As part of a series of federal pandemic-relief stimulus packages, K-12 schools received three rounds of funds through the Elementary and Secondary School Emergency Relief Fund (ESSER I, II, and III), totaling nearly $200 billion. Almost immediately, headlines across the nation probed how (or if) schools were spending these dollars. Nearly three years after the initial round of funding ($13 billion) was granted by the CARES Act in March 2020, questions linger about the pace and necessity of spending. Why is it so hard to get a straight answer?
For two years, the prevailing theme in the headlines had been that school districts were sitting on stacks of cash, whereas more recent (and far less breathless) stories say the money is now on track to be spent. Why all the confusion? The complex multi-year process of receiving, planning, spending, and reporting ESSER dollars is more complicated and drawn out than a single soundbyte can convey (I’ve tried!). Let’s take a quick look at a few key issues to bear in mind when thinking (or reading) about ESSER funds, and then a couple of conclusions as to what’s really going on.
Earlier this year, we published a report on the relationship between housing discrimination/segregation and school funding disparities. I would encourage you to check it out. But I’d like to discuss the substance of the report from a somewhat broader perspective.
Our analysis, while it includes a lot of national results, consists largely of “case studies” of seven metro areas. In order to interpret and understand our results, we relied heavily on the work of scholars who had focused on those areas.1 And that included a great deal of specific history that one might not see in (otherwise excellent and very important) large scale segregation analyses. These histories illustrate how, in every metro area, the effort to keep white and non-white families living in different neighborhoods was a deliberate plan.
Multiple institutions, public and private, all played a part. That means city governments, the federal government, courts, the real estate industry, the finance industry, and homeowner associations. And the plan adapted to changing circumstances. When segregative tools became obsolete or illegal, new tools were developed to keep building on past efforts. A few of these tools are still in use today.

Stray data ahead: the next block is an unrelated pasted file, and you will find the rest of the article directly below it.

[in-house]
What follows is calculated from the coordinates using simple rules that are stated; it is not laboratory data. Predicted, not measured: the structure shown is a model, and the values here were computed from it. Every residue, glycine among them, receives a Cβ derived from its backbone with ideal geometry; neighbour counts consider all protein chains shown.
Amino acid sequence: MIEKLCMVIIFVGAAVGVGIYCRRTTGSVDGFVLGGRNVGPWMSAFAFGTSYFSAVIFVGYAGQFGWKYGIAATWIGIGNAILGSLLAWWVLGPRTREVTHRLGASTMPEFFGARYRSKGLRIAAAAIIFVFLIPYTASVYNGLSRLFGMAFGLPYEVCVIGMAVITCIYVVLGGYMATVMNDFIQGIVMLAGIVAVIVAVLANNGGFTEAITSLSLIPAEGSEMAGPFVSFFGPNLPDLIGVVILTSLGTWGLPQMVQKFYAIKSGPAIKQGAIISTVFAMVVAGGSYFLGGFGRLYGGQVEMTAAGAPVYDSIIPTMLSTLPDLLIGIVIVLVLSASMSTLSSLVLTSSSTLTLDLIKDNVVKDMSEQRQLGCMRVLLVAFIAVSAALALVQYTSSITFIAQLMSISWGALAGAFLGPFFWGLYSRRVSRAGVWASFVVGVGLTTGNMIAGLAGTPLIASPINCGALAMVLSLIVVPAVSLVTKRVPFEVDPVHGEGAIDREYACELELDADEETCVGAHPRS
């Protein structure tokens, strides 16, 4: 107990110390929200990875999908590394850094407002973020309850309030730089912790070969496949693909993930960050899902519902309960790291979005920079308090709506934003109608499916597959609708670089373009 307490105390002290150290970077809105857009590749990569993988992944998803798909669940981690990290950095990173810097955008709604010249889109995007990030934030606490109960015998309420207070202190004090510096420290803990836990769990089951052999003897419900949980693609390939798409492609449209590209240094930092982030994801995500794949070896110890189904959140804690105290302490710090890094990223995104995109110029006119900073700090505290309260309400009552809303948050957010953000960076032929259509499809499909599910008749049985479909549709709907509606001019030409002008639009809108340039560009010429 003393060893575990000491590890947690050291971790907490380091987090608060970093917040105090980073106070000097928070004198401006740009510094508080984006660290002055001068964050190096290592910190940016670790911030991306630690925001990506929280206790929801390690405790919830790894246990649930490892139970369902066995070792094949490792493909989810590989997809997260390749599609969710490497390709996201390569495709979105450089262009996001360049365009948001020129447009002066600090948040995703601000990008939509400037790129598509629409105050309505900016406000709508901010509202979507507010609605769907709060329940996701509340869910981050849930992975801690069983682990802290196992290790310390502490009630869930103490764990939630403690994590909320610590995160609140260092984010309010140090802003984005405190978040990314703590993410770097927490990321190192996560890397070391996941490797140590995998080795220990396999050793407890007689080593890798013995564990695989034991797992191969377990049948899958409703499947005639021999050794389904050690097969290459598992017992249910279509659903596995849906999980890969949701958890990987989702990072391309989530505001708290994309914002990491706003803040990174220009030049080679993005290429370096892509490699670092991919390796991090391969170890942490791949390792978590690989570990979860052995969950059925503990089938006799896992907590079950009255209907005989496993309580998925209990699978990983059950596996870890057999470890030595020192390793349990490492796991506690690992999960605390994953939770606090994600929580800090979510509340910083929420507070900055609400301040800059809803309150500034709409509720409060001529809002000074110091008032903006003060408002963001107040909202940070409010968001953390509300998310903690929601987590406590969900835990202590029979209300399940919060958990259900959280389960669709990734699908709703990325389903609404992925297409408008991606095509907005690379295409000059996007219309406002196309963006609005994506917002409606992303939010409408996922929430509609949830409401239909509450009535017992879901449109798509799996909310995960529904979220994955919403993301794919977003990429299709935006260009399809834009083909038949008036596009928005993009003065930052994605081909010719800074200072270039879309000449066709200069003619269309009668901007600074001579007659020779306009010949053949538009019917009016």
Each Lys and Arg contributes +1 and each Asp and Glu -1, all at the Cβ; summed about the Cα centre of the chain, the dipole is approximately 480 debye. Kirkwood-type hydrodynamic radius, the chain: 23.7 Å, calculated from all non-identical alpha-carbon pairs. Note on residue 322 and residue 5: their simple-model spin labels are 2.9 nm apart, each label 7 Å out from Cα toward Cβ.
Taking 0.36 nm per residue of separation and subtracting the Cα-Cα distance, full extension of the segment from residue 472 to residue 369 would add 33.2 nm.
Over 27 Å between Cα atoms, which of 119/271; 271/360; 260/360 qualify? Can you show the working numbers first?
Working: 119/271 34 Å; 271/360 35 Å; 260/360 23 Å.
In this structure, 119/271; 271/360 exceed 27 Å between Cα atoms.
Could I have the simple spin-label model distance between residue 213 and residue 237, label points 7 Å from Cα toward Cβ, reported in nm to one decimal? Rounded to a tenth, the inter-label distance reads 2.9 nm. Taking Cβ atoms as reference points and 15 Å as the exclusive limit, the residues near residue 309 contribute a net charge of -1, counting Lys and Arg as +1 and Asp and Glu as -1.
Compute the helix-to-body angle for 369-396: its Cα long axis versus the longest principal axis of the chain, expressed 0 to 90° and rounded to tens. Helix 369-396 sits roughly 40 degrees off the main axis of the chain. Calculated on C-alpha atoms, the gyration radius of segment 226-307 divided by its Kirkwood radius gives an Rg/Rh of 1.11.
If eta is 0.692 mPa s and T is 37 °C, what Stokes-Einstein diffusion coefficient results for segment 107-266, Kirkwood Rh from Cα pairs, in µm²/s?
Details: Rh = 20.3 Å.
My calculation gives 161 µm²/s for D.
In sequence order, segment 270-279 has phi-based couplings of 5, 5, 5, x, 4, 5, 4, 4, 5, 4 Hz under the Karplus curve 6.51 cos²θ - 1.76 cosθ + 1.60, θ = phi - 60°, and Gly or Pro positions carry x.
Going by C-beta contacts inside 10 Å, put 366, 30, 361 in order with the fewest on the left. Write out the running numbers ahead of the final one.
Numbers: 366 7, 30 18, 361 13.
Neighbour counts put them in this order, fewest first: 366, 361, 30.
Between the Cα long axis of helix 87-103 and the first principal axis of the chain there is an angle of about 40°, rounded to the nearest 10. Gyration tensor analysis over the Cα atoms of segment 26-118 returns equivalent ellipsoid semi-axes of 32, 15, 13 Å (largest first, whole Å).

Our guest author today is Mark Weber, Special Analyst for Education Policy at the New Jersey Policy Perspective and a lecturer in education policy at Rutgers University.
The issue of how much the U.S. spends on K-12 public schools rightfully receives a lot of attention. More often than not, these discussions rely on simple data, such as average per-pupil spending over time across the entire nation. I would argue that the variation in spending, both within and between states, is so enormous as to render national comparisons potentially misleading, and also that the more consequential question is not just how much states and districts spend, but whether their spending levels are commensurate with their costs.
That said, overall spending trends are clearly important, and so let’s take a quick look at how much K-12 spending has increased in the U.S. over the past 25-30 years, using data from the School Finance Indicators Database (SFID). The SFID is an important resource for those who study and write about school finance, and so our brief examination of the spending trend also provides an opportunity for transparency: the stakeholders, policymakers, and journalists who rely on our work should know more about how we collect and prepare the data we use. “How much does the U.S. spend on schools?” may seem like a simple question, but proper measurement tends to complicate things.
Our guest author today is Fedrick Ingram, secretary-treasurer of the Albert Shanker Institute and the American Federation of Teachers.